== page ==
CURWOOD: So what are some impacts of cyanobacteria on our health?
TARANU: Some of them not all cyanobacteria produce toxins, but when they do bloom there is a higher occurrence of toxins being produced, and so in some cases, for example, there's been instances where livestock and pets that consume lake water that had blooms that were toxic died as a result. Typically humans don't consume lake water that has blooms in them because it has a bad taste and odor problem, so there's no known report of deaths of humans, but there is still that toxic effect. When you have direct contact, you can have skin irritations or gastrointestinal discomforts, from swimming in the water and being in contact with the blooms. More long-term effects could potentially be related to the fact that the most common cyanobacteria produce these liver toxins so it can have liver tumors that produce over a longer-term scale, but this is still speculative. There have also been studies that have correlated whether or not residents who live close to a lake and the occurrence of certain neurodegenerative diseases. This latter link is still really controversial in the literature, and something that I think we need to look into more closely into future years. The truth is we don't actually know if that link is present or not.
CURWOOD: What kind of neurological disorders are suspect?
TARANU: So some studies have linked it to ALS for example, and they found that residents that live closer to lakes, there is a correlation or higher occurrence of ALS, but because it's a correlation, it doesn't imply causation, so there could be other factors, for example, living nearby agriculture fields that have fertilizer applications or being in a large city with other environmental issues that could be a play. So even though it's a correlation we don't actually know if it's a cause.
CURWOOD: So, ALS, what other disorders?
TARANU: There was one study, for example, in Guam, around 2003 that found a certain population that consumed bats that themselves consumed the trees that had a symbiotic relationship that produced cyanobacteria. And within these patients they found symptoms that they said were descriptive of neurodegenerative diseases such as Parkinson's and Alzheimer's, so the symptoms were comparable and in the cerebral tissues of the patient had died of these neurodegenerative diseases they found what they call a bioamplification of the cyanobacteria protein. But to the best of my knowledge that's the only known case of this amplification.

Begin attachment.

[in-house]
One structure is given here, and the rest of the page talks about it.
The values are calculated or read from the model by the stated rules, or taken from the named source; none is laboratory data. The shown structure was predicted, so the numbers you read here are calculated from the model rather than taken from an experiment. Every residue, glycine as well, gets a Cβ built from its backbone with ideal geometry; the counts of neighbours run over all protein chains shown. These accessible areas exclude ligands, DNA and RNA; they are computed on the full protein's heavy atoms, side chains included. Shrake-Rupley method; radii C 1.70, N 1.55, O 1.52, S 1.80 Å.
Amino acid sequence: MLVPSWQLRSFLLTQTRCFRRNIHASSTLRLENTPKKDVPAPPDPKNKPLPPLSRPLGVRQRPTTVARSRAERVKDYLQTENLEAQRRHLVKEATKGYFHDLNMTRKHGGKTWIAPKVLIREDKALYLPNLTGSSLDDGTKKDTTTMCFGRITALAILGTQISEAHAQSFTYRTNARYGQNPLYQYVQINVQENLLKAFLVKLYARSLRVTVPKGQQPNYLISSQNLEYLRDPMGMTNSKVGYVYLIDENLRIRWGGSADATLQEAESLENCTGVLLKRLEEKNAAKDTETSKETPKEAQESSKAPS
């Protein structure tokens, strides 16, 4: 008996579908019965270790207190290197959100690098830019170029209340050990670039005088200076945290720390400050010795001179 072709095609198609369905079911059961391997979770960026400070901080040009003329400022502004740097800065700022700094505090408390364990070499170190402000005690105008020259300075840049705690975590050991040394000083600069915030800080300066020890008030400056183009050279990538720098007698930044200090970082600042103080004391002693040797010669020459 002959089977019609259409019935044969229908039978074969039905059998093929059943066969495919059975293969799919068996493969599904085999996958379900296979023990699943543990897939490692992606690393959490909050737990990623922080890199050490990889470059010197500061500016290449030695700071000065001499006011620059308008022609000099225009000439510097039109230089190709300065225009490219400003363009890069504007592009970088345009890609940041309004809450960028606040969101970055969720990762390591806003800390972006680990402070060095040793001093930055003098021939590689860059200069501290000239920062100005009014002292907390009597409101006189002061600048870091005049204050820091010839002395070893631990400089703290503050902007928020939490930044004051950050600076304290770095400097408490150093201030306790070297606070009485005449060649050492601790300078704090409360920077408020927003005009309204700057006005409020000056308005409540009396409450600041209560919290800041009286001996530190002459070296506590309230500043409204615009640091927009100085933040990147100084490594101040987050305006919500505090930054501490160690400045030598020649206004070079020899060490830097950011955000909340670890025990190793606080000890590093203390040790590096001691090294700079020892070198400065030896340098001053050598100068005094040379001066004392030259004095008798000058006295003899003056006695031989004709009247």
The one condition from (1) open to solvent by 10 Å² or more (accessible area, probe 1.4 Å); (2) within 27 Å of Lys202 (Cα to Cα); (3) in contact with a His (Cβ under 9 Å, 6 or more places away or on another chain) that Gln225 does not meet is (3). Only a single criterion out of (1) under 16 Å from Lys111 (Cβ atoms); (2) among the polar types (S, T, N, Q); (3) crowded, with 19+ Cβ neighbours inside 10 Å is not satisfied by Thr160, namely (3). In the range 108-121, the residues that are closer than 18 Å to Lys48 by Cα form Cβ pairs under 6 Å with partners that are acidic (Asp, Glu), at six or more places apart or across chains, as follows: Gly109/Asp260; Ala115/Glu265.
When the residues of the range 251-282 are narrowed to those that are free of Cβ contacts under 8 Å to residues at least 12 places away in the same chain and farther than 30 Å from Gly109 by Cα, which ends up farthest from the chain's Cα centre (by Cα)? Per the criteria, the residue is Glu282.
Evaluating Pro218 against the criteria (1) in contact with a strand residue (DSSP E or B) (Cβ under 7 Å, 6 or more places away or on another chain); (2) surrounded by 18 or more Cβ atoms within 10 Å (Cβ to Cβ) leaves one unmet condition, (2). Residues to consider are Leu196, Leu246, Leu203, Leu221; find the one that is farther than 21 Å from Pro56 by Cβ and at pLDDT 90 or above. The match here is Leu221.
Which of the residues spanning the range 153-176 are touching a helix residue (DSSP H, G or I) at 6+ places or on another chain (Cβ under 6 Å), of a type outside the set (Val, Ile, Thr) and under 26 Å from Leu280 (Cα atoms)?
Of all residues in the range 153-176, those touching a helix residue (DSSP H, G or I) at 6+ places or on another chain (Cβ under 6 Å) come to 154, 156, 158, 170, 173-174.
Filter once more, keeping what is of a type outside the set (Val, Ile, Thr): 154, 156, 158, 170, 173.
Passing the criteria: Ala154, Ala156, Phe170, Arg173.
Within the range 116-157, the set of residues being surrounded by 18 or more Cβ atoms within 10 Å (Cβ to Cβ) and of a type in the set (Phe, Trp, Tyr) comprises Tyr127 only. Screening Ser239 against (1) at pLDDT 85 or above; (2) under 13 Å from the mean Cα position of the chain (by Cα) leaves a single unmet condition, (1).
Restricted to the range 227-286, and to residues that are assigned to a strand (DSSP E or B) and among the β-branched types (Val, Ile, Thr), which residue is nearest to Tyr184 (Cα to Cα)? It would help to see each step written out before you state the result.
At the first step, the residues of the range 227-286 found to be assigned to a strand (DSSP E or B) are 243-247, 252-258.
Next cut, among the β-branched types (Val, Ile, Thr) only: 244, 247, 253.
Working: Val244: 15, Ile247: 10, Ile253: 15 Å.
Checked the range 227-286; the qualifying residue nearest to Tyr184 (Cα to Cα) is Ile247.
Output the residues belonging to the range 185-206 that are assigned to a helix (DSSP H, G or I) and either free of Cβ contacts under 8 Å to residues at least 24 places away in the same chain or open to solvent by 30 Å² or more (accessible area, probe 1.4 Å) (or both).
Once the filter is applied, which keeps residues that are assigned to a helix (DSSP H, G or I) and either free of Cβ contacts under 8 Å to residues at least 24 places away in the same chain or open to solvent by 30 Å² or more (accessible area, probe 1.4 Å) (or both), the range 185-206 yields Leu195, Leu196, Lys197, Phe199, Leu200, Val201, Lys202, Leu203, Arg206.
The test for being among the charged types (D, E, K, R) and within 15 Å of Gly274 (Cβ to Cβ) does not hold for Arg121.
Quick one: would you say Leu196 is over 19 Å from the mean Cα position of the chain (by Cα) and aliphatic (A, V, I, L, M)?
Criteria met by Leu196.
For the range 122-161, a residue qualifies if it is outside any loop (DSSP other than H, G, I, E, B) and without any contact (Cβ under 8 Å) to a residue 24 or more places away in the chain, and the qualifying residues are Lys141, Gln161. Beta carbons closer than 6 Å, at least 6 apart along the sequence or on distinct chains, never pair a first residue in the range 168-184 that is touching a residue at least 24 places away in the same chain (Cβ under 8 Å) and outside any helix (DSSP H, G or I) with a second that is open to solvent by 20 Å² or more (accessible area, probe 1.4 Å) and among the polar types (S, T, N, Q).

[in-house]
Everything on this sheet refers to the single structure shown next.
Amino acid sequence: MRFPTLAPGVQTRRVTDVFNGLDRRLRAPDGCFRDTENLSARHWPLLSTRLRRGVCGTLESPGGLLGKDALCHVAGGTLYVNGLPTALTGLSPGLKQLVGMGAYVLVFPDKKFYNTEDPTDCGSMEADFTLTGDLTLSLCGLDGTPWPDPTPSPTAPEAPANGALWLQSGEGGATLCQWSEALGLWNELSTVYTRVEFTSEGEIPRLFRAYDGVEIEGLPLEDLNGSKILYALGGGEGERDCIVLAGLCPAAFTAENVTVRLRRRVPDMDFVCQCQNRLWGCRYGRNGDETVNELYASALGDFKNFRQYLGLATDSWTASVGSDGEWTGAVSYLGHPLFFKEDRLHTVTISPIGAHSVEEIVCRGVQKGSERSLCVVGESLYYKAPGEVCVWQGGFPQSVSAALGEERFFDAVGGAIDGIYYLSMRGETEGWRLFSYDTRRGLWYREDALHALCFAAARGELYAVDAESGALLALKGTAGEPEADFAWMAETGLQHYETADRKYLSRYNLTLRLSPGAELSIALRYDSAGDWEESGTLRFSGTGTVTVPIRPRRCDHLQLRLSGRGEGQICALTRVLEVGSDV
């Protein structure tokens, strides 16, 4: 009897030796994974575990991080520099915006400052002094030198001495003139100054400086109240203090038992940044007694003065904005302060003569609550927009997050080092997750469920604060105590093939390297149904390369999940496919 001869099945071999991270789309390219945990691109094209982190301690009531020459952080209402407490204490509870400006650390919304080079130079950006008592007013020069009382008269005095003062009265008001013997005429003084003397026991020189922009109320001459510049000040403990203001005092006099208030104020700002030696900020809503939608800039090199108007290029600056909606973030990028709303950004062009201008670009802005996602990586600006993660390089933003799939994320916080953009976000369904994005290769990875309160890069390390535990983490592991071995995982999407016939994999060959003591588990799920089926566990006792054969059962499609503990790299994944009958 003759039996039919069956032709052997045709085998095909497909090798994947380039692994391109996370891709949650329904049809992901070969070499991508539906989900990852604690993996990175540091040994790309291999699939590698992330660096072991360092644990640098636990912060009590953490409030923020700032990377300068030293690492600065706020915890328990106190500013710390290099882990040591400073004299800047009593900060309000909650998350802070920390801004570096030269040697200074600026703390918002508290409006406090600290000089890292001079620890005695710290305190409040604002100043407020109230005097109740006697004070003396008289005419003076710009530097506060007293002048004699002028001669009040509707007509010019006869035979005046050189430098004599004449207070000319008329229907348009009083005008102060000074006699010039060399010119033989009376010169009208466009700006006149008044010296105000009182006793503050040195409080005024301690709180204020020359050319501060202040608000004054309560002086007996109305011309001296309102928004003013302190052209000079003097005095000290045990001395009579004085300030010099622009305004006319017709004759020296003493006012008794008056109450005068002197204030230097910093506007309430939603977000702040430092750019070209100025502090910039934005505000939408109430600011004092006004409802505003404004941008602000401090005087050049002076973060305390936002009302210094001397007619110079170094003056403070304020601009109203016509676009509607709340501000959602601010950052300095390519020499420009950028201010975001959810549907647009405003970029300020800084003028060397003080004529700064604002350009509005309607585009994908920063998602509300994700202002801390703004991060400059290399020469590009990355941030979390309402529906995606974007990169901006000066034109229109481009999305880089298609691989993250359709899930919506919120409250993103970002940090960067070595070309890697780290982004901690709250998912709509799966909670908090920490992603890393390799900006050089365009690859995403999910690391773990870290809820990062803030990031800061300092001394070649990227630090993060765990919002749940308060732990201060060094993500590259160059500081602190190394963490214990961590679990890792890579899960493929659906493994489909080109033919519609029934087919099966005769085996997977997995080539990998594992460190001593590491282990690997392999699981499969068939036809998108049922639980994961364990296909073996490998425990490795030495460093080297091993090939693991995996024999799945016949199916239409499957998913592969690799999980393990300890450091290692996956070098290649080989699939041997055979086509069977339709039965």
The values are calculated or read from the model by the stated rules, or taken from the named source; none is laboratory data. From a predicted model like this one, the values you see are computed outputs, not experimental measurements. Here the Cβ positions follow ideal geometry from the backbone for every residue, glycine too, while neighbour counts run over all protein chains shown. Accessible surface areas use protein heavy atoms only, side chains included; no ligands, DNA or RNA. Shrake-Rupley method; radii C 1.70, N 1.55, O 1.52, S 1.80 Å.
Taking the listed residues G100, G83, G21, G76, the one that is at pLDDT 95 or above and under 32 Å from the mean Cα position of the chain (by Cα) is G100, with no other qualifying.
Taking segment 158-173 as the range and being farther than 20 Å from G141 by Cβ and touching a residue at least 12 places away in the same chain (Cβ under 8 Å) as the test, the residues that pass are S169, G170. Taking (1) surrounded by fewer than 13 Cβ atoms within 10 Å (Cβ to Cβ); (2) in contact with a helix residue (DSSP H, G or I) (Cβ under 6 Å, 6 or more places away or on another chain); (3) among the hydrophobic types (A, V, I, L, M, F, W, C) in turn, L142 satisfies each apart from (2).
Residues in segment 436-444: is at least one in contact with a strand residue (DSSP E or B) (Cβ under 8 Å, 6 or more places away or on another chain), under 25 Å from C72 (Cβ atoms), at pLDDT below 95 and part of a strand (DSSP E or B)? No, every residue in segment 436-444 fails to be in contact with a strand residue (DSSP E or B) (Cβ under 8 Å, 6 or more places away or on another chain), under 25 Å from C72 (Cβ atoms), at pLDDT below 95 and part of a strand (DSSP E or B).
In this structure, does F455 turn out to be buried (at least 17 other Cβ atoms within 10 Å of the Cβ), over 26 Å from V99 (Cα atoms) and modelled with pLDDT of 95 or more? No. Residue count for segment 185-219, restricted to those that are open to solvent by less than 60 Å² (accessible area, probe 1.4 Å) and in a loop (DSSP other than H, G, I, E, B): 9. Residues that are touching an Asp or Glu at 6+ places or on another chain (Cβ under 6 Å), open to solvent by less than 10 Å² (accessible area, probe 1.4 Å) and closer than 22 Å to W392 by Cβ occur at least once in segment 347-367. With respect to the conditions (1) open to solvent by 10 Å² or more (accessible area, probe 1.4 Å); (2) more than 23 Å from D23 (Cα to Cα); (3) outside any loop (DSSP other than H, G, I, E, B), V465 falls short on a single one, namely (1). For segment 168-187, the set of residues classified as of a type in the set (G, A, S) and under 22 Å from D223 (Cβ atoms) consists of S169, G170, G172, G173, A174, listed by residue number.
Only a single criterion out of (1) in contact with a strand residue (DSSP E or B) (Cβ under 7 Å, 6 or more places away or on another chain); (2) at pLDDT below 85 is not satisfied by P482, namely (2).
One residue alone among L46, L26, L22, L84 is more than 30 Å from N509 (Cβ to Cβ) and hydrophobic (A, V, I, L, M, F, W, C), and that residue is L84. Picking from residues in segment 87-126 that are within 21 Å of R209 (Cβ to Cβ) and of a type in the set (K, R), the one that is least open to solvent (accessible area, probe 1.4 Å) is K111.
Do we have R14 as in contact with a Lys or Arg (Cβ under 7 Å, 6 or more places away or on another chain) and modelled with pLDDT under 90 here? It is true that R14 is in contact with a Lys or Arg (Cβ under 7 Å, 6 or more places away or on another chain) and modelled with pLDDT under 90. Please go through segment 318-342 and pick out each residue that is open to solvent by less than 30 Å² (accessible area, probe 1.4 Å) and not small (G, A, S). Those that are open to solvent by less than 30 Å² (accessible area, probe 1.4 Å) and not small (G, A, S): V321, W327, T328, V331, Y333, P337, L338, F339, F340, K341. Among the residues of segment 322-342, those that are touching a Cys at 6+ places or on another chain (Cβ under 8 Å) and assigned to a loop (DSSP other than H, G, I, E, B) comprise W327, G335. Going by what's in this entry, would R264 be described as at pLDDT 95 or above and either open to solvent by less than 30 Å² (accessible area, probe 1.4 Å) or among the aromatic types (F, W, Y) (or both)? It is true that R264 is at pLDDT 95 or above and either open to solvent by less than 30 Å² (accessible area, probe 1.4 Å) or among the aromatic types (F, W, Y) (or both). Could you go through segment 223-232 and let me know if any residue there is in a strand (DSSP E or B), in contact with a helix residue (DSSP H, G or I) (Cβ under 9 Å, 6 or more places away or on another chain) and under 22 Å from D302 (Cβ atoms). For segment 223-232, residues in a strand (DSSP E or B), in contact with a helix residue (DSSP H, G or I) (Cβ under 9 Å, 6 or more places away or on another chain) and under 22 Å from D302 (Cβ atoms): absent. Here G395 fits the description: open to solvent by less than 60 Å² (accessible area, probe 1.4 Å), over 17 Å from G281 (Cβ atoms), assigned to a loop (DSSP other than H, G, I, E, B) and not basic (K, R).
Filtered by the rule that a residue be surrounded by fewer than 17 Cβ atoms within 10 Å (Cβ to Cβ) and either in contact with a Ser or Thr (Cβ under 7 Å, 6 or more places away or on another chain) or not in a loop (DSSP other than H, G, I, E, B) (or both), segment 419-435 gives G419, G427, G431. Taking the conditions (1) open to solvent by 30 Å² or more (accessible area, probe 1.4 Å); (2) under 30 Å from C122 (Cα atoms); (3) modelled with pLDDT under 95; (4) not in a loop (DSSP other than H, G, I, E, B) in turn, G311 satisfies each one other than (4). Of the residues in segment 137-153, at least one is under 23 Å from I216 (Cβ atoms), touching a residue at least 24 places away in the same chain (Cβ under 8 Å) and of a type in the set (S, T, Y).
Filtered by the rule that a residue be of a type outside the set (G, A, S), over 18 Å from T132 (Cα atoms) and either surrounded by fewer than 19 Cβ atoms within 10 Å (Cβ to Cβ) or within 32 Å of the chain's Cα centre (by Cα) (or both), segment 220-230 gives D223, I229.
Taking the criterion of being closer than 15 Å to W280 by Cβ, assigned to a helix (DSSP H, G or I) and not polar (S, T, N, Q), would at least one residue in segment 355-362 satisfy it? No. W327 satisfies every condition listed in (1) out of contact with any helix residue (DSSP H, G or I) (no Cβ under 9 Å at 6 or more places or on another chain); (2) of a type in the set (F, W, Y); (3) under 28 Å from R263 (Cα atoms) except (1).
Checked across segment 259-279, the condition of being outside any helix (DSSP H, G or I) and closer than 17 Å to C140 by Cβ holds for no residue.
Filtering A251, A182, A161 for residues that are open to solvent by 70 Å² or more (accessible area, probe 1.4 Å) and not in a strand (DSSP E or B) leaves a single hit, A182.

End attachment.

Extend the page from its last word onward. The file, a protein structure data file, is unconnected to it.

CURWOOD: So what are the steps you think we need to take to reduce the amount of the cyanobacteria in our waterways?
TARANU: The two dominant factors that we found in our study: the most important one was the loading of nutrients from agricultural land or the concentration of nutrients in lakes. There's also climate warming. I think climate warming is a bit of a harder issue to tackle, and people are trying to work on this continuously. The overuse of fertilizers in the agricultural land is probably something that will be more easily tackled in future years because we're currently applying... in about 70 percent of croplands across the world we're applying phosphorous in excess of need and so the quota and the mitigation needs to be applied at that end as we saw that as the primary driver of cyanobacteria.
CURWOOD: Zophia Taranu is a Biologist at the University of Montréal. Thanks so much for taking the time with us today, Zophia.
TARANU: Thank you very much for having me.